Recession and More Debt

Paper assets like stocks and bonds and other make-believe wealth assets like Bitcoin provided “good” inflation this past week. That is the kind of inflation that makes the rich get richer so it’s deemed good by the establishment. On the other hand, “bad” inflation like oil, copper and silver were down last week. So, with stocks and bonds rising so strongly this week there are dreams from the establishment of a soft landing. And this strong performance took place despite some horrific earnings reports this week like that of Intel which lost $0.10 in Q4 with revenues falling 25% over the like quarter of 2022. On the other hand, Tesla had fantastic news. It reported 4th quarter revenues of $24.32 billion or $1.19 per share. That compared with revenues of $17.72 billion in the like quarter of 2022 with earnings of $0.85 per share. That along with some better-than-expected economic news helped bolster the dream of a soft landing. But last evening I attended a debate between Lawrence White (a proponent of getting rid of the Fed) and Frederic Mishkin, a former federal reserve board member. Mishkin said there is zero chance of avoiding a recession this year which echoes Peter’ Boockvar’s view and that of most other rational analyst. And as the economy heads into a recession we can count on a lot more Federal Government Red ink at the same time when the number of global savers who want to own U.S. Treasuries is drying up very rapidly. This week I found no fewer than three essays pointing out that Russia, China, as well as the other BRICS are all moving rapidly away from dollars used for international trade. Alasdair’s article which you can find at is absolutely brilliant. If you read that you will have not trouble seeing that on a global scale the dollar is or soon will be heading on a very sharp downward trajectory as foreigner’s. While the U.S. is fighting a hot war against Russia, Russia and other anti-dollar countries are fighting an economic war even as the U.S. is digging itself into a deeper death inducing debt trap.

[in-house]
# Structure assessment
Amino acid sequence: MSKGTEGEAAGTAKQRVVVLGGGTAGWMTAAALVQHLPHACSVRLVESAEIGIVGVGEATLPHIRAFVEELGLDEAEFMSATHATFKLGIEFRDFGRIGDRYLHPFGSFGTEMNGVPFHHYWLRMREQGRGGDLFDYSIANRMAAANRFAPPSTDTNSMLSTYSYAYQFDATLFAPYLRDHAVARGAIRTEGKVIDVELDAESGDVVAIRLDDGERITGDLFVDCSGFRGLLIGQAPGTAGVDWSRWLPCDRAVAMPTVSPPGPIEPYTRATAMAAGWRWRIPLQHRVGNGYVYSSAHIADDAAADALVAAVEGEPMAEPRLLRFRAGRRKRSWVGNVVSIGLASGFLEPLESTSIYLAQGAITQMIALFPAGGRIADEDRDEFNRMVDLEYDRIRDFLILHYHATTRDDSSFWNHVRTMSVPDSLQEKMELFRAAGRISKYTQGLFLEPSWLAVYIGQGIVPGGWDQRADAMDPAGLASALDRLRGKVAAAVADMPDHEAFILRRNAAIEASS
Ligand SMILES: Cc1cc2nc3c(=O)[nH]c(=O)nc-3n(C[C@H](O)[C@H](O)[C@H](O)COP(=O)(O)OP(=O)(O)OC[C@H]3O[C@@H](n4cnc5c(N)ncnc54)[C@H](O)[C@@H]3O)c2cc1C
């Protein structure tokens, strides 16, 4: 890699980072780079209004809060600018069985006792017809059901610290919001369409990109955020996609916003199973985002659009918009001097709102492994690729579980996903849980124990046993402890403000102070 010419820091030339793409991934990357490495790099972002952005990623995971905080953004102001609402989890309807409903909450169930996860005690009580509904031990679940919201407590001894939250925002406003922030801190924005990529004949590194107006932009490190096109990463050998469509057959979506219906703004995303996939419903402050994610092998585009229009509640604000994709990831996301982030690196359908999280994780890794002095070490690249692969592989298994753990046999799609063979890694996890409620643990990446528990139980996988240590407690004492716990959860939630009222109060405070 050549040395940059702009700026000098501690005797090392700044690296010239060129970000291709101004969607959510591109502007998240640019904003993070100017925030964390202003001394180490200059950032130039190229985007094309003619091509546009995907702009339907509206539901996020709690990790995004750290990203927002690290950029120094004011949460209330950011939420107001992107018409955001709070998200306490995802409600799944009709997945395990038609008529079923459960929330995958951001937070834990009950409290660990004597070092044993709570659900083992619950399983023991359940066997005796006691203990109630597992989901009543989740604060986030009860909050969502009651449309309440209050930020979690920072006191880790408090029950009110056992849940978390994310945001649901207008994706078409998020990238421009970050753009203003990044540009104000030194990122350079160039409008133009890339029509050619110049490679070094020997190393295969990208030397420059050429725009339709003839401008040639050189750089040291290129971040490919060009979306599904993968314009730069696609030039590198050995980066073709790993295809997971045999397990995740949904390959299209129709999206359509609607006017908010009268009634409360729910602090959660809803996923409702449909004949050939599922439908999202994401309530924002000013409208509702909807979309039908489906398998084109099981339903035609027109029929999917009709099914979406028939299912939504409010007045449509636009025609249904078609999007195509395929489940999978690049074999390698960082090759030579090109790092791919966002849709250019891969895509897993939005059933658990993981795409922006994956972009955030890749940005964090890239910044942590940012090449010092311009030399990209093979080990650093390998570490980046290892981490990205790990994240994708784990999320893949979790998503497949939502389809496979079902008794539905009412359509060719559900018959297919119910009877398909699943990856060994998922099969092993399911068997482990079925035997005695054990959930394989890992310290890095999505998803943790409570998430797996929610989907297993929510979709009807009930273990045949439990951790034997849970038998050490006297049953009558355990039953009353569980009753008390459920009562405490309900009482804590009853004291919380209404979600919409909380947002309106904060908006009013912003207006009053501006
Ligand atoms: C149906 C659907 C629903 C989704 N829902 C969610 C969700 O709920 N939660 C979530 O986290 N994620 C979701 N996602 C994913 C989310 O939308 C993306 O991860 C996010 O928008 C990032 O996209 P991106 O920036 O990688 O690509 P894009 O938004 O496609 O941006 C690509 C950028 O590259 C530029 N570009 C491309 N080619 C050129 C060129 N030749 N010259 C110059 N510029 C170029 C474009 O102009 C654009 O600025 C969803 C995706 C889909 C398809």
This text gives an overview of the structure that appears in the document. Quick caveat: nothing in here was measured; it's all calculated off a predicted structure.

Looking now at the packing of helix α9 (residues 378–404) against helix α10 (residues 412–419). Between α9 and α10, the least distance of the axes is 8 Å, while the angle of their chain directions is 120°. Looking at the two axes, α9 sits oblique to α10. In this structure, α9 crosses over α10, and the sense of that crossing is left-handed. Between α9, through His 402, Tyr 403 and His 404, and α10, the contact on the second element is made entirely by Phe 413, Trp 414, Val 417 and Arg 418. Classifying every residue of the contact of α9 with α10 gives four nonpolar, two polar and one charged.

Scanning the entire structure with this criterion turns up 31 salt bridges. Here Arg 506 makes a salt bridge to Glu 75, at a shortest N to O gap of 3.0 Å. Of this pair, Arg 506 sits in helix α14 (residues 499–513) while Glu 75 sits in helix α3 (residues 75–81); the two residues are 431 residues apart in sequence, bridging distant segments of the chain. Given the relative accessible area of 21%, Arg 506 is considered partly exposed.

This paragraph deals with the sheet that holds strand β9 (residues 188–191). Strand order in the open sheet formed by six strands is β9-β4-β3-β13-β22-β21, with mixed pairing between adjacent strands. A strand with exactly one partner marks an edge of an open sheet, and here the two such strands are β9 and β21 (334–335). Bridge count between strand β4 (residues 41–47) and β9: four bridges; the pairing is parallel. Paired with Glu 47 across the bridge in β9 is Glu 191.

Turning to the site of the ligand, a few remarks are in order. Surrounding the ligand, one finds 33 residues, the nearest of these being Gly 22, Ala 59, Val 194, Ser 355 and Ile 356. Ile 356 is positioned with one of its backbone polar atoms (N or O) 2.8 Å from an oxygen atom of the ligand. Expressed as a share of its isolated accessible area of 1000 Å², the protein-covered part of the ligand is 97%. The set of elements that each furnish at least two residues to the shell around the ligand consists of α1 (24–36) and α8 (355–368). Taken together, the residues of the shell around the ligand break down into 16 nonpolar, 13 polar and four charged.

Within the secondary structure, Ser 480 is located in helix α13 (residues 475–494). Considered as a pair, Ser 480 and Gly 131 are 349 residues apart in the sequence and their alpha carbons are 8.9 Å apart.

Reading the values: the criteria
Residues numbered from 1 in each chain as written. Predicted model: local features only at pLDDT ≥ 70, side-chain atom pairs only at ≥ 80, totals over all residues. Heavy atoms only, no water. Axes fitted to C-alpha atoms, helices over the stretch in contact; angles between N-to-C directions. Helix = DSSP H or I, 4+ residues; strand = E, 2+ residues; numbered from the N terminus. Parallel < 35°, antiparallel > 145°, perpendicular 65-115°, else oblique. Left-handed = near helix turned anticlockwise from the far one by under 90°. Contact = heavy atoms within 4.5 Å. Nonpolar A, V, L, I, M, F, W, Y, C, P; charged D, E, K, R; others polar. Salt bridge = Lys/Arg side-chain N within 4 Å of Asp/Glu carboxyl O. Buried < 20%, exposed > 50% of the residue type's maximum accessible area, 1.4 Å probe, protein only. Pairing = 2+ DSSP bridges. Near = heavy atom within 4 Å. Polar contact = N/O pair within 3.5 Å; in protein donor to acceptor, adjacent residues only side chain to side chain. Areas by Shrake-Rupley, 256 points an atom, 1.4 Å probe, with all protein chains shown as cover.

Despite some good economic news this past week, Intel’s sales decline may be hinting at a sharp economic decline. Companies can cut costs but they can’t stop revenue declines in recession. Chairman Powell seems to understand that if he lets up on monetary policy now, he will likely be engaged in the same mistake as Arthur Burns in the 1970s when a slowdown in inflation left him goose the money supply once again which lead to double digit inflation. Last week was discouraging for gold and gold shares. But one week does not spell a trend. I continue to believe 2023 will be a very positive year for the yellow metal and shares covered in this letter that are on the hunt for gold which is real money. 

About Jay Taylor

Jay Taylor is editor of J Taylor's Gold, Energy & Tech Stocks newsletter. His interest in the role gold has played in U.S. monetary history led him to research gold and into analyzing and investing in junior gold shares. Currently he also hosts his own one-hour weekly radio show Turning Hard Times Into Good Times,” which features high profile guests who discuss leading economic issues of our day. The show also discusses investment opportunities primarily in the precious metals mining sector. He has been a guest on CNBC, Fox, Bloomberg and BNN and many mining conferences.